House GOP Won’t Let Transit-Oriented Development Get Federal TIFIA Loans

House Republicans introduced a six-year transportation bill this week, and while it’s not the utter disaster that past GOP proposals have been, advocates for smarter federal transportation policy are playing defense. Today, the House Transportation & Infrastructure Committee marked up the new bill. About 150 amendments were introduced, according to Transportation for America. All but a few were withdrawn before a vote.

Congresswoman Donna Edwards of Maryland. Photo: Wikipedia
Congresswoman Donna Edwards of Maryland sponsored a bill to extend subsidized loans to TOD projects, but the House GOP won’t have it. Photo: Wikipedia

One of the amendments that didn’t make it would have allowed cities and states to received financing for transit-oriented development projects from the federal TIFIA loan program. It was introduced by Representative Donna Edwards of Maryland. (Transportation for America has more about the amendment.)

Keep in mind that transit-oriented development saves public money by making the most of transit investments and cutting down on total infrastructure costs.

Edwards’ amendment was quickly withdrawn during today’s hearing when Committee Chair Bill Shuster issued an objection, saying transit-oriented development isn’t a “federal concern.” TIFIA loans will remain mostly the domain of highway projects.

Among the very expensive and highly dubious road projects currently receiving TIFIA financing is Ohio’s $1.2 billion Portsmouth Bypass, a 16-mile highway segment skirting a town of 20,000. Is that a federal concern?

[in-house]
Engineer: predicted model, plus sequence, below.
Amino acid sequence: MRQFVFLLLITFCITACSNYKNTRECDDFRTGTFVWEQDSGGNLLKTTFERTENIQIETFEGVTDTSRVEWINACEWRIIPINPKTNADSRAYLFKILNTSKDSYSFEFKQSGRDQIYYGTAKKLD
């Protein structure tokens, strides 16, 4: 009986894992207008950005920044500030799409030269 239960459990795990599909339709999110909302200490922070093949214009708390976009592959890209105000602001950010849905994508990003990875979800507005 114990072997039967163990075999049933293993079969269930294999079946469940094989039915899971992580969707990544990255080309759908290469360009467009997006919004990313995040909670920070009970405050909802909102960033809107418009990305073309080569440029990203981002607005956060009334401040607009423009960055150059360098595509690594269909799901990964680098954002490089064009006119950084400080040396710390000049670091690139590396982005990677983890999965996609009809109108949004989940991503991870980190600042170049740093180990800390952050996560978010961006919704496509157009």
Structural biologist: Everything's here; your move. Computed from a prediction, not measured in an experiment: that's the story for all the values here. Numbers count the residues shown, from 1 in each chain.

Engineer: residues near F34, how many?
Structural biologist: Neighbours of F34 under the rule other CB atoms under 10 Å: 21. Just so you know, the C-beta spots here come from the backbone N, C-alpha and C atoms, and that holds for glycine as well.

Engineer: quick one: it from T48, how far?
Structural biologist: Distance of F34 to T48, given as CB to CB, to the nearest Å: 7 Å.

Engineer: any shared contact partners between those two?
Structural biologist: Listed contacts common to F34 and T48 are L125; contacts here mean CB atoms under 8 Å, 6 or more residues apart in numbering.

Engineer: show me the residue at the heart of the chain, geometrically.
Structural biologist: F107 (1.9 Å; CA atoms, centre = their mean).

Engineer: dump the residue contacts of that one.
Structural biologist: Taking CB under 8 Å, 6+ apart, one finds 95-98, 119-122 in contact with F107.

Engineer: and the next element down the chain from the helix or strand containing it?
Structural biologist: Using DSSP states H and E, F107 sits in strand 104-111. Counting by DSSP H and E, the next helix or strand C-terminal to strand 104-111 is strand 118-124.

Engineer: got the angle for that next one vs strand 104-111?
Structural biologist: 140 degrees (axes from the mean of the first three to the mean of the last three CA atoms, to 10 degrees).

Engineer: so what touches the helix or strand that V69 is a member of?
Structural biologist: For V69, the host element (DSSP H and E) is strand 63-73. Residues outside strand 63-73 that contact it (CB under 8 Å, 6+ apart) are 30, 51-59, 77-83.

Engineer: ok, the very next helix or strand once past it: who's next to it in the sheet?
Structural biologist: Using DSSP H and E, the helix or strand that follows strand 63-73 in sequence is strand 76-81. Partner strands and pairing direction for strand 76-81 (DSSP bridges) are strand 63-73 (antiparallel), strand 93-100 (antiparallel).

Transit-oriented development yields more efficient use of infrastructure resources, cleaner air, and better access to opportunity. If cutting a few minutes off some truck trips can be classified as a federal concern, why not these benefits too? Freezing these projects out of a federal financing program is bad policy — and will probably end up costing America in the long run.

ALSO ON STREETSBLOG

Just How Bad Is the Final House Transportation Bill?

|
Nobody was expecting the GOP-controlled House of Representatives to put together a transportation bill that did much for streets and transit in American cities. And they were right — there’s nothing to get excited about in the bill. But neither is it the total disaster for walking, biking, and transit it could have been. So how does the House bill […]

3 Bright Prospects for a Better Transportation Bill

|
Yesterday we reported on some of the terrible amendments that might get tacked on to the House transportation bill this week. But there are also some good ideas with bipartisan support among the hundreds of amendments submitted by members of the House. Here are three amendments that have the potential to improve transportation policy in the U.S. — should legislators give […]

Barbara Boxer’s Transportation Bill: Same As It Ever Was

|
The future of national transportation policy is pretty much like the present of national transportation policy, if the Senate Environment and Public Works Committee has its way: underfunded and highway-centric. The bill released by Senator Barbara Boxer’s EPW Committee yesterday [PDF] rejects pretty much everything the Obama administration put forth in its bill, including permanent […]

Obama Admin’s Bold Transpo Plan Leaves Funding Question to Congress

|
The president’s six-year transportation plan [PDF], included as part of the administration’s FY2012 budget proposal, weighs in at a hefty $556 billion and lays out several policy reforms that, if enacted, could help the nation transition to a more multi-modal, less oil-dependent transportation system. The plan is a blueprint that Congress can use as a […]